Even as little as five years old, you would stand in the doorway that wasn’t even a doorway, just a spot in the park your father walked you to, told you let’s build a house right here that only the two of us know about and I can say something like Parkhouse in the middle of dinner, and you’ll know exactly what I mean, and in this house I won’t be out of another job and I won’t have to ask your mother to make half for dinner, count out the bites of a pork chop to make it last longer, and we can slurp down buckets of soda if that’s what we want, and the trees would listen to all of this, shaking their October heads, leaf after leaf falling, all crispy and brown, and dead, and that’s when another little girl, another father stop at the ice cream truck parked just across the way and the little girl wont have to eat it slow and slow trying to memorize the taste of chocolate with every tiny bite, and your father would see the look in your face, the haunt that would stay there forever, and say c’mon let’s pick out some wood for our house, some magical tree that will know us even after we shave it into a wall, and he takes you by your little girl hand and you take one last look at the little girl across the road, her father handing her an ice cream cone, drippy and lush, and her not having to measure or memorize anything, about to take a bite.

14 Comments

  1. Al Kratz

    dang, this is longing. I love everything about Parkhouse but particularly the “I can say something like Parkhouse in the middle of dinner, and you’ll know exactly what I mean” that not only perfectly bonds this father and daughter to this dream it also bonds the reader.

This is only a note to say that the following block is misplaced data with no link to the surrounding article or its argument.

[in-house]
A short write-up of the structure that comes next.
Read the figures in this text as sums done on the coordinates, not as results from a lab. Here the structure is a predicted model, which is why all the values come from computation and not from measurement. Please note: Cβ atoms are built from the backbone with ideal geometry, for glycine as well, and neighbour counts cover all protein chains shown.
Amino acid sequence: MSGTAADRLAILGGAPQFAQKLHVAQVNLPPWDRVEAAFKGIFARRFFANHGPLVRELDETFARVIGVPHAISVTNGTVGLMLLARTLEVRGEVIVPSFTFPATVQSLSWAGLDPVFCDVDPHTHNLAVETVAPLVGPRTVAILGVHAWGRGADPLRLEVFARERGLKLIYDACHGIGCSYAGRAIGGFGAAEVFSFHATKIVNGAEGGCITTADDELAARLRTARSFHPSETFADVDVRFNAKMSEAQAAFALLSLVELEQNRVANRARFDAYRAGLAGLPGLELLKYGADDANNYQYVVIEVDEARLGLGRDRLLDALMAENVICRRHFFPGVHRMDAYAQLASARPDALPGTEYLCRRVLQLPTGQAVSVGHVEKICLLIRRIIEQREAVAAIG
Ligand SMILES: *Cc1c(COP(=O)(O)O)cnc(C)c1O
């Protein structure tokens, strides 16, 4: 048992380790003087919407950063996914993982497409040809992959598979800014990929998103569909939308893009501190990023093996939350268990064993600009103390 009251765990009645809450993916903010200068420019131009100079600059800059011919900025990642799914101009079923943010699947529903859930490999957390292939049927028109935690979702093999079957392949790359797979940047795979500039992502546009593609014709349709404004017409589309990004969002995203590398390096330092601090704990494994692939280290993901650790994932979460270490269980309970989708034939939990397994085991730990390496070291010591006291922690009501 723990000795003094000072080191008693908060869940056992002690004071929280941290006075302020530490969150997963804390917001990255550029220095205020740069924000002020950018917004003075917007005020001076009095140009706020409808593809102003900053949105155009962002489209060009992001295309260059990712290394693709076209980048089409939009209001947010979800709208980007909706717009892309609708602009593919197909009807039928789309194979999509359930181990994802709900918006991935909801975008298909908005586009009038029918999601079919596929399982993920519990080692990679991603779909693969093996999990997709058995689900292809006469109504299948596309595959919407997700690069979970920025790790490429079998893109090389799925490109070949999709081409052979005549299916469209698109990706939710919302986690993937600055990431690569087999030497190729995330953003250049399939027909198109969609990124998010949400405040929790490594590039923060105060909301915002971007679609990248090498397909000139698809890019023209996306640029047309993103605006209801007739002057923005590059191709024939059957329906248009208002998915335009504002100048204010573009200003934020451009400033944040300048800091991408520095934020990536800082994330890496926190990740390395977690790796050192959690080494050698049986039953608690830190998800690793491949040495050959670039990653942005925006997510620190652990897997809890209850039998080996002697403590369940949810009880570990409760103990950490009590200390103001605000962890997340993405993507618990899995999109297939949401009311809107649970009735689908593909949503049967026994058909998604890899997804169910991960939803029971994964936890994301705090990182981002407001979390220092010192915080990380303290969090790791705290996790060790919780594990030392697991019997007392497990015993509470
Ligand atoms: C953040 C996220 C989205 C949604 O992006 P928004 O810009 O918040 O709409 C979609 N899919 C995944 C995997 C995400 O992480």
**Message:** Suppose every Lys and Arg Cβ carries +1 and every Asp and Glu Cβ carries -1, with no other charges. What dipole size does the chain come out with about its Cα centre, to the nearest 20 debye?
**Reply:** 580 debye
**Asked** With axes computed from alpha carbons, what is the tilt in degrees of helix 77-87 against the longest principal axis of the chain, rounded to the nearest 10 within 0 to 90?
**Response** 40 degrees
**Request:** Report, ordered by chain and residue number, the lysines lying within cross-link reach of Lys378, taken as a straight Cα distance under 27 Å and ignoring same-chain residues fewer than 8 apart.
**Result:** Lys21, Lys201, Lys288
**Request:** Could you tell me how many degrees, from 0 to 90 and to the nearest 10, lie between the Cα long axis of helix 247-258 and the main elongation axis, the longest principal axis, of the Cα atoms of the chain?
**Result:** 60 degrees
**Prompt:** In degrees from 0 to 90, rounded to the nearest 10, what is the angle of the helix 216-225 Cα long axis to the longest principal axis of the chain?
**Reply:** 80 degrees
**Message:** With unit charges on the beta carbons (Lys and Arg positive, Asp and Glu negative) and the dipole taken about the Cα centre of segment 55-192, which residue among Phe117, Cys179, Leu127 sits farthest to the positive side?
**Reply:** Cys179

2. Jonathan Cardew

    Francine,

    This is possibly my fave piece of yours I’ve read (and I’ve read and loved A LOT). This is a supremely controlled sentence that just unfolds on the page–the dream-like quality of memory. I particularly like the trees in this piece:

    ” and the trees would listen to all of this, shaking their October heads, leaf after leaf falling, all crispy and brown, and dead….”

    I love that line “leaf after leaf falling.”

    What’s brilliant about this piece is the way you juxtapose the two girls and fathers, coming into land at this point: “her not having to measure or memorize anything.” That is the keynote for me, measure or memorize–what an amazingly touching and executed story!

    I don’t really have anything to suggest on this piece–only to say send this one out after you let it mature in a file. Maybe you could enjambe the title, as in remove “Even as little…” from the opening of the story.

    Plenty of competitions to send to! I LOVE this piece.

    Cheers,
    Jonathan

  3. Len Kuntz

    Hi Francine,

    You continue to dazzle. I love everything about this. The comma breaks work perfectly for setting a great cadence and flow. Every metaphor is spectacular. It’s such a sweet and tender piece, heartbreaking while also hopeful. This–the haunt that would stay there forever–really touched me, how some of those landmark childhood moments never leave us. Brava, once again.